Bracket Busters

The surprises keep coming in the women's draw as defending champion Maria Sharapova fell in straight sets to Lucie Safarova.  Safarova is a quality player, but she was surely helped out by Sharapova's struggle with a cold throughout the tournament.  Also going down was the women's fourth seed, Petra Kvitova, who was beaten by Timea Bacsinszky.


Curse of the Defending Champion

With Sharapova's loss, no woman has defended her French Open title since Justine Henin did so for the last time in 2007.  The curse—if one exists—apparently doesn't extend to the men, since Rafael Nadal hasn't failed to defend his title since 2009.


Surprise Women's Finalist

With the quarterfinals set, the bottom half of the women's draw is set to produce a surprise finalist.  The most heralded player remaining in that half is former champion Ana Ivanovic, who hasn't been to a Slam final since she won here in 2008.


Fun Stats from Twitterland

@bobbychin noted that Serena Williams has earned $68 million in career prize money, while the rest of the Roland Garros quarterfinalists combined have earned $37 million.


@kfish_WTA (WTA stats guru Kevin Fischer) tweeted out Roland Garros 2015 is the third Slam in the last four in which two or fewer of the top eight women's seeds have reached the quarterfinals.


@AnnaK_4ever shared that this year's Roland Garros is the first since 1999 in which no Russian male or female made it to the singles quarterfinals.


And Then There Were Eight

The men's and women's singles draws are both down to eight players still vying for the chance to raise the championship trophy.  I'll spare everyone the full-fledged breakdown, but here's a few words on each matchup:


Djokovic v. Nadal

This quarterfinal matchup has probably been the most hyped match since the draw first came out.  Nadal's slide to number seven in the world made this early meeting possible and it is a blockbuster.  History favors Nadal (who leads the head-to-head 23-20 AND has nine French Open titles), but Djokovic has been the stronger player this year.


Williams v. Errani

Serena Williams has looked subpar throughout the tournament, needing three sets in three of her four matches.  Opposing her is feisty Sara Errani, who is a former finalist at Roland Garros.  Unfortunately, Errani has an 0-7 record against top-ranked Williams and lacks the firepower to do the kind of damage needed.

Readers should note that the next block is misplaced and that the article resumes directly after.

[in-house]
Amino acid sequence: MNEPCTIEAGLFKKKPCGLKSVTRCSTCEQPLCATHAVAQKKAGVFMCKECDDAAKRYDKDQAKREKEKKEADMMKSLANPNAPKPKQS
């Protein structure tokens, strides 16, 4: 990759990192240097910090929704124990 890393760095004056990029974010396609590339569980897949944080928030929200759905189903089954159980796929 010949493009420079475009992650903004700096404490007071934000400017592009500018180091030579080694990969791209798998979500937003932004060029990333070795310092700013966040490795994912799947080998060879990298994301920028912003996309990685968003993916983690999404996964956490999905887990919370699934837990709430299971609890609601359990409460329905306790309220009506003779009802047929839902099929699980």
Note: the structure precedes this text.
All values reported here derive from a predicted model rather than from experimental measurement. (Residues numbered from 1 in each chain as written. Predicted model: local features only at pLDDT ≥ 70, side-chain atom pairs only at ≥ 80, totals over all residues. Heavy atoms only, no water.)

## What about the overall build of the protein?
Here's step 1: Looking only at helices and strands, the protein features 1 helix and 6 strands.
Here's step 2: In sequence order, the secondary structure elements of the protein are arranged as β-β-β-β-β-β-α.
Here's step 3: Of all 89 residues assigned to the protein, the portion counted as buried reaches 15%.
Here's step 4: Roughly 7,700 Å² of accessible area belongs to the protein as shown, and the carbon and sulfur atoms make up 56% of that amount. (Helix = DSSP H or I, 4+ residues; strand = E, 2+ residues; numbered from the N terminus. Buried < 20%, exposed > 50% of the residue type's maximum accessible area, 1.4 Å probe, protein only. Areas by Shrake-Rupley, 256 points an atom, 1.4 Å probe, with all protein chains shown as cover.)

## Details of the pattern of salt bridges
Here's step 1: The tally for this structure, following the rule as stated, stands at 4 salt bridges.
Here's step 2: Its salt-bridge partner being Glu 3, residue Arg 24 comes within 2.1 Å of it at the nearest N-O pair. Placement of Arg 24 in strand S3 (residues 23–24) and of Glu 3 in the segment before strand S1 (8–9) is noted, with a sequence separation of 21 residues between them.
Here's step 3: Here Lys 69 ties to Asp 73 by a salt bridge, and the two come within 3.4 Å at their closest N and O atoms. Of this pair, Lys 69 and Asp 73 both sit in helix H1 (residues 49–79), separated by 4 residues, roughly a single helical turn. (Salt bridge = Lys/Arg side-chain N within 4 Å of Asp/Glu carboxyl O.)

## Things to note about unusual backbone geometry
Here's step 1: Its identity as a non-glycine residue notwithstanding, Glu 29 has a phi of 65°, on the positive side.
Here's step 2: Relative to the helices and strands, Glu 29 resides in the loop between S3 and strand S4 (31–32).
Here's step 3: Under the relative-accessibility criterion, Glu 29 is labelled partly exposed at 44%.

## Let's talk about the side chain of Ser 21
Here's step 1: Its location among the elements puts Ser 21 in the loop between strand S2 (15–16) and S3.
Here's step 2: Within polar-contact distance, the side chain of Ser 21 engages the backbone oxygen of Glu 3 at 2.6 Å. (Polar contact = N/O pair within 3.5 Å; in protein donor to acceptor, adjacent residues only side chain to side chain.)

Murray v. Ferrer

David Ferrer is tennis' hardest working grinder, but Andy Murray's defensive skills may actually be even better.  Ferrer has never lost to Murray on clay, but the Scot has the edge with greater variety and a bigger game—if he decides to use it.


Bacsinszky v. Van Uytvanck

Never heard of either of these ladies?  You're probably not alone; these two weren't exactly high profile picks to meet in the quarterfinals.  Still, Timea Bacsinszky is having something of a career renaissance.  She's near her career high ranking and she's playing excellent tennis in 2015 with a 27-6 record plus 2 singles titles.


Nishikori v. Tsonga

Kei Nishikori seems to have found his groove and he's packed some good results in this year.  Tsonga, on the other hand, had only played 11 matches coming into Roland Garros, and he lost 5 of them.  He looked like a powerful opponent when he dispatched Tomas Berdych (aside from a third set hiccup) and he'll have the crowd on his side, but it's hard to imagine a 30 year old Tsonga getting past Nishikori.


Ivanovic v. Svitolina

Ana Ivanovic is the veteran here while Elina Svitolina is the rising star.   That being said, Ivanovic's "glory days" are pretty far back in the rearview mirror.  She won here in 2008 and hasn't been in a Grand Slam final since.  As long as Ivanovic can stay mentally tough, there's no reason she can't book her spot in the semis, especially since she's never lost to Svitolina in six matches.


Wawrinka v. Federer

These two Swiss Davis Cup teammates have played 18 times, and Wawrinka usually comes up short to the tune of a 2-16 record against his countryman.  Federer has been more prone to shock upsets in the last few years, but he's already got his teeth deep into this tournament and his aggressive play has paid dividends.


Muguruza v. Safarova

This one might be the hardest to predict.  The pair have never played each other.  Muguruza seems hungry, but Safarova definitely comes in with the experience edge.  This is perhaps the most compelling, competitive matchup in the quarterfinals.